America's First Black ScientistBy Don Vitale
As I said in my first take on Benjamin Banneker, there's more to the story.
For starters let's be clear about Banneker. He was a free black man and a resident of Maryland. He was a mathematician, an astronomer and a surveyor. Never a slave.
But that's not to say he wasn't sensitive to slavery and racial equality. How do we know this?
The letter he wrote to Thomas Jefferson, the one in which he pleaded with Jefferson to use his influence to bring an end to slavery in America. In fact Banneker chided (if I may use that word) Jefferson and other framers of the Declaration of Independence for their hypocrisy in keeping "part of my brethren under groaning captivity and cruel oppression."
While using Jefferson's own words "that all men are created equal," Jefferson and his compatriots are guilty of "narrow prejudices."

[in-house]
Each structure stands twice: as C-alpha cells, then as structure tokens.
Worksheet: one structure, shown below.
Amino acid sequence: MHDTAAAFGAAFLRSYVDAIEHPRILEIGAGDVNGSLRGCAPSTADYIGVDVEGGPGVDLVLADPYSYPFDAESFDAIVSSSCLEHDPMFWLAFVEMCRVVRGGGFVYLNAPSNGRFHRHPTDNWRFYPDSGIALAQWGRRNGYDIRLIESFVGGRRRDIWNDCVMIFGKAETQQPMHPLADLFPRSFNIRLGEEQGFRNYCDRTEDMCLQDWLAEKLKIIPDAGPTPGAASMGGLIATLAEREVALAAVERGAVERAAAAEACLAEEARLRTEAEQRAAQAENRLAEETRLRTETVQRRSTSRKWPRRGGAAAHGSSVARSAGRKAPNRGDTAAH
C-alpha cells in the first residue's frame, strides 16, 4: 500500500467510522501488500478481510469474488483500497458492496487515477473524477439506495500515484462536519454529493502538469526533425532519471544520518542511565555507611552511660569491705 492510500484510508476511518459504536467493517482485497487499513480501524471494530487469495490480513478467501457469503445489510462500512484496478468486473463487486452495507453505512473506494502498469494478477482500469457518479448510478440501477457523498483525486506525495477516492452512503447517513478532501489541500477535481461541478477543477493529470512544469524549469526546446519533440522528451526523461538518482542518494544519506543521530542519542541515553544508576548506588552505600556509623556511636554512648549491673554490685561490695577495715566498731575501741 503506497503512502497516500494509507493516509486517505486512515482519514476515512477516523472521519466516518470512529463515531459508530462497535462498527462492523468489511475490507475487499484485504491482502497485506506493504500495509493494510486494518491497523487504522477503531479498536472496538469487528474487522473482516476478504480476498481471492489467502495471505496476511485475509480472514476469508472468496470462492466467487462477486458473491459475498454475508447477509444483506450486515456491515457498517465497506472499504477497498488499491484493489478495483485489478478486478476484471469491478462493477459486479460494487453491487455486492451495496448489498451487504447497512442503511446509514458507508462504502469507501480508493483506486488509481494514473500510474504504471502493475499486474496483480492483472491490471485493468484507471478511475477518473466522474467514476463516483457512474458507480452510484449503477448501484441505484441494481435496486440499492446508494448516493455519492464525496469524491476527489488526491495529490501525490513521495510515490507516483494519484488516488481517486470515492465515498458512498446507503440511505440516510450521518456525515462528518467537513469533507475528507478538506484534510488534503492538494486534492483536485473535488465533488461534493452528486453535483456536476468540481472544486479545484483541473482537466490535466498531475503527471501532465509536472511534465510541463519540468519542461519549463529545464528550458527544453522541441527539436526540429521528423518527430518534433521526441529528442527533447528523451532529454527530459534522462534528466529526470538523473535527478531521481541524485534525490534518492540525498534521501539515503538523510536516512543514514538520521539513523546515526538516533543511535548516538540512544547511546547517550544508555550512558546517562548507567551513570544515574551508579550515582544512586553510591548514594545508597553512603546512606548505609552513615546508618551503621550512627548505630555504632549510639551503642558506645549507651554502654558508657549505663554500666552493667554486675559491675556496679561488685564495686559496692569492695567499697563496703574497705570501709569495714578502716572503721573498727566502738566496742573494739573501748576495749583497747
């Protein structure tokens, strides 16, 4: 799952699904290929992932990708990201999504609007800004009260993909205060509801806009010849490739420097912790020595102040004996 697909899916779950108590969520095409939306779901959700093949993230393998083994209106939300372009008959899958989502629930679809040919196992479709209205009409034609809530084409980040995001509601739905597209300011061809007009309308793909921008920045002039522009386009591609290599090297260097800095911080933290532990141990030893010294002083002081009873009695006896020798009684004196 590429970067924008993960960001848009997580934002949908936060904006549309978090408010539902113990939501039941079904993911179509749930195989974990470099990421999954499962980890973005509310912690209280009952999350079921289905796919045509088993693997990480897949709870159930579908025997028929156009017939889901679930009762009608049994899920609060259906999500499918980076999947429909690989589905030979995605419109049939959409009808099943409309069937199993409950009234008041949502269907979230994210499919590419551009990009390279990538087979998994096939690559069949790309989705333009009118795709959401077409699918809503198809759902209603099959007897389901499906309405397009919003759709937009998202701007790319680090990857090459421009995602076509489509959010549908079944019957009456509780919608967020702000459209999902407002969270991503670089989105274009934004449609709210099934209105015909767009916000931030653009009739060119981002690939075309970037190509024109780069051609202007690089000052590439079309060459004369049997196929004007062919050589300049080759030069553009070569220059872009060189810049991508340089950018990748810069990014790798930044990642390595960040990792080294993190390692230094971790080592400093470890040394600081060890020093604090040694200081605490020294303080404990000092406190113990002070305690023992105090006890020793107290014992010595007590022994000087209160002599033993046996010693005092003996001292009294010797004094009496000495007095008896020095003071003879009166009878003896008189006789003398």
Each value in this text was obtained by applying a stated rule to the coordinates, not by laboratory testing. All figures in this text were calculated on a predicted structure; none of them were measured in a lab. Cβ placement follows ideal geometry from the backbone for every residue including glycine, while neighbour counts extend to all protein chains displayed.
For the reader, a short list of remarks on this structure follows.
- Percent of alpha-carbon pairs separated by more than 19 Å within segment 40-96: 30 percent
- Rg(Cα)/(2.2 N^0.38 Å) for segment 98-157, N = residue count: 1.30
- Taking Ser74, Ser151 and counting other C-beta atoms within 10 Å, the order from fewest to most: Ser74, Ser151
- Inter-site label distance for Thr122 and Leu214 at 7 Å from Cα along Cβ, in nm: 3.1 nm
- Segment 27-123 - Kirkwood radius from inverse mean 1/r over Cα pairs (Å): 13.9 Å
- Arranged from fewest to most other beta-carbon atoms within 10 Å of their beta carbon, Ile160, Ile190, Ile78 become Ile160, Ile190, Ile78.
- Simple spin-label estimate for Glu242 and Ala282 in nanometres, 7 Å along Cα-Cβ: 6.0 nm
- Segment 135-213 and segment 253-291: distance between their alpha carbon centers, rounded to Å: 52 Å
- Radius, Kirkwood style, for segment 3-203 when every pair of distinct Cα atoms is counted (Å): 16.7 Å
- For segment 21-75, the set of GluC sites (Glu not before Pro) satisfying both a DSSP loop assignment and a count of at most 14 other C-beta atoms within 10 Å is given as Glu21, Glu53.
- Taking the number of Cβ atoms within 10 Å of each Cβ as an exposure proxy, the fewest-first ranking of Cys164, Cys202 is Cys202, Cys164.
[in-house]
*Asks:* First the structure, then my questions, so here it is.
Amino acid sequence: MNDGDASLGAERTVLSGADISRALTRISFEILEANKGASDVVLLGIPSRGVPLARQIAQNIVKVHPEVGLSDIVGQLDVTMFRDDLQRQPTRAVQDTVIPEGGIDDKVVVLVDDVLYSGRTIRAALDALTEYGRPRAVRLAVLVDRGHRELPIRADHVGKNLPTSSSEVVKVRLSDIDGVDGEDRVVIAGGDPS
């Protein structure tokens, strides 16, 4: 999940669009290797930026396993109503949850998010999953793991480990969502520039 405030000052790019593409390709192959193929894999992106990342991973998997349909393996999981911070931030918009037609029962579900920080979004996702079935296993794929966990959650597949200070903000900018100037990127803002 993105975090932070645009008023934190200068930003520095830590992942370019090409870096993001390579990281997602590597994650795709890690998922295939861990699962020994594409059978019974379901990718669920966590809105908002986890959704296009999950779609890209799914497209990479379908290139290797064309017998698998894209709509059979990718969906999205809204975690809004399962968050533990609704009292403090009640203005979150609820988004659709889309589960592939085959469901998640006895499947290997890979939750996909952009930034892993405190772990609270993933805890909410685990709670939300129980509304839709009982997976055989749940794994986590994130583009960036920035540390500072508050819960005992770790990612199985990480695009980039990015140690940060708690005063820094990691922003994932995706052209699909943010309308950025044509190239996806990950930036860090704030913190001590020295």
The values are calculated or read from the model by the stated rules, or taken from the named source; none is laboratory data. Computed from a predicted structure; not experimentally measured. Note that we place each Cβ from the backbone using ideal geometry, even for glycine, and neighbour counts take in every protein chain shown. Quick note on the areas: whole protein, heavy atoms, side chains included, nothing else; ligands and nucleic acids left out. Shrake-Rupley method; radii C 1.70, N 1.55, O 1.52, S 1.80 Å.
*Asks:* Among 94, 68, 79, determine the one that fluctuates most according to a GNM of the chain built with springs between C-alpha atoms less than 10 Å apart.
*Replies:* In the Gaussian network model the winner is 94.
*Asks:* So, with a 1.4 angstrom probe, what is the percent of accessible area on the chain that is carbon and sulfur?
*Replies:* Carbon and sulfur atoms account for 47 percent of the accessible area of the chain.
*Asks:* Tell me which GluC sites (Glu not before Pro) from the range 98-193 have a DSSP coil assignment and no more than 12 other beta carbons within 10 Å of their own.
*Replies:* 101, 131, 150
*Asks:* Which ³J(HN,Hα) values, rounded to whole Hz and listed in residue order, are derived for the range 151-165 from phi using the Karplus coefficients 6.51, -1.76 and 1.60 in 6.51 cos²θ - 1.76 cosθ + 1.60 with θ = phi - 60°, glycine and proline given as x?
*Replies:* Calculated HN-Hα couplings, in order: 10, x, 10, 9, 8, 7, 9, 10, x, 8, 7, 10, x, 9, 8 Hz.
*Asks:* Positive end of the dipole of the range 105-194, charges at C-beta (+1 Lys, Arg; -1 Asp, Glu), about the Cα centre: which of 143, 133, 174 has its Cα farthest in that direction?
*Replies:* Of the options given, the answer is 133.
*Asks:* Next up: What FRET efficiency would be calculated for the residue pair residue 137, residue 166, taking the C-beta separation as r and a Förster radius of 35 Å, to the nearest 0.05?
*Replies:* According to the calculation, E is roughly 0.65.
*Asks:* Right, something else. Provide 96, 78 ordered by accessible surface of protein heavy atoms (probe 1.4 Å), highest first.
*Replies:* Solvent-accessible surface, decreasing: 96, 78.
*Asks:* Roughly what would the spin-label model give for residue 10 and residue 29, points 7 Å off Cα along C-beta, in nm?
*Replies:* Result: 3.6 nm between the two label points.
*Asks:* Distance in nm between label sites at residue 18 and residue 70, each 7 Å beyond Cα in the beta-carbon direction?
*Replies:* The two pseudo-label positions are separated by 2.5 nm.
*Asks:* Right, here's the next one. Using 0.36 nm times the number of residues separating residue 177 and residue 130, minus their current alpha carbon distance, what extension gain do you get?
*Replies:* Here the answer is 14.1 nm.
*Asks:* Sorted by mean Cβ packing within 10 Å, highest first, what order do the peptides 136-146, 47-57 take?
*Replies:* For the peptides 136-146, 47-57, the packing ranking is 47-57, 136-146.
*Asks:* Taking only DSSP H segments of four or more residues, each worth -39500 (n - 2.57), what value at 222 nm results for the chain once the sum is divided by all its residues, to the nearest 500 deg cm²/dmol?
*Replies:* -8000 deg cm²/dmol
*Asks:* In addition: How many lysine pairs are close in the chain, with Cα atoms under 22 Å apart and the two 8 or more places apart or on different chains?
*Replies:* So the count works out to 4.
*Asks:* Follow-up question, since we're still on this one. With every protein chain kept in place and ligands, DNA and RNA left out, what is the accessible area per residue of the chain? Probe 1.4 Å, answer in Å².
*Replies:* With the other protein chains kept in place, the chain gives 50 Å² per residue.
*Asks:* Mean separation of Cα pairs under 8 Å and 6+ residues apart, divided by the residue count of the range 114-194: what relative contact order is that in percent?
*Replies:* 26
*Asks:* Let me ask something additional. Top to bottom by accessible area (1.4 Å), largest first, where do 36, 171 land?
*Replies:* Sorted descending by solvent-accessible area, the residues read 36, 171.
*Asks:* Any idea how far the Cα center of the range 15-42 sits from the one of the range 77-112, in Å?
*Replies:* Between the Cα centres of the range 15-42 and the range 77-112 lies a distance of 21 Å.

Ready for more?
Said Banneker: "you should at the same time be found guilty of that most criminal act which you professedly detested in others." That's putting it on the line.... right, amigos?
So what happened, if anything?
At the time Jefferson was Secretary of State. He thanked Banneker for his views and passed his letter on to officials in the new government. Jefferson had always during his life opposed slavery yet owned hundreds of slaves while freeing only a few.
As a footnote to this story, please note that the Postal Service issued a stamp in 1980 honoring "America's First Black Scientist."--dv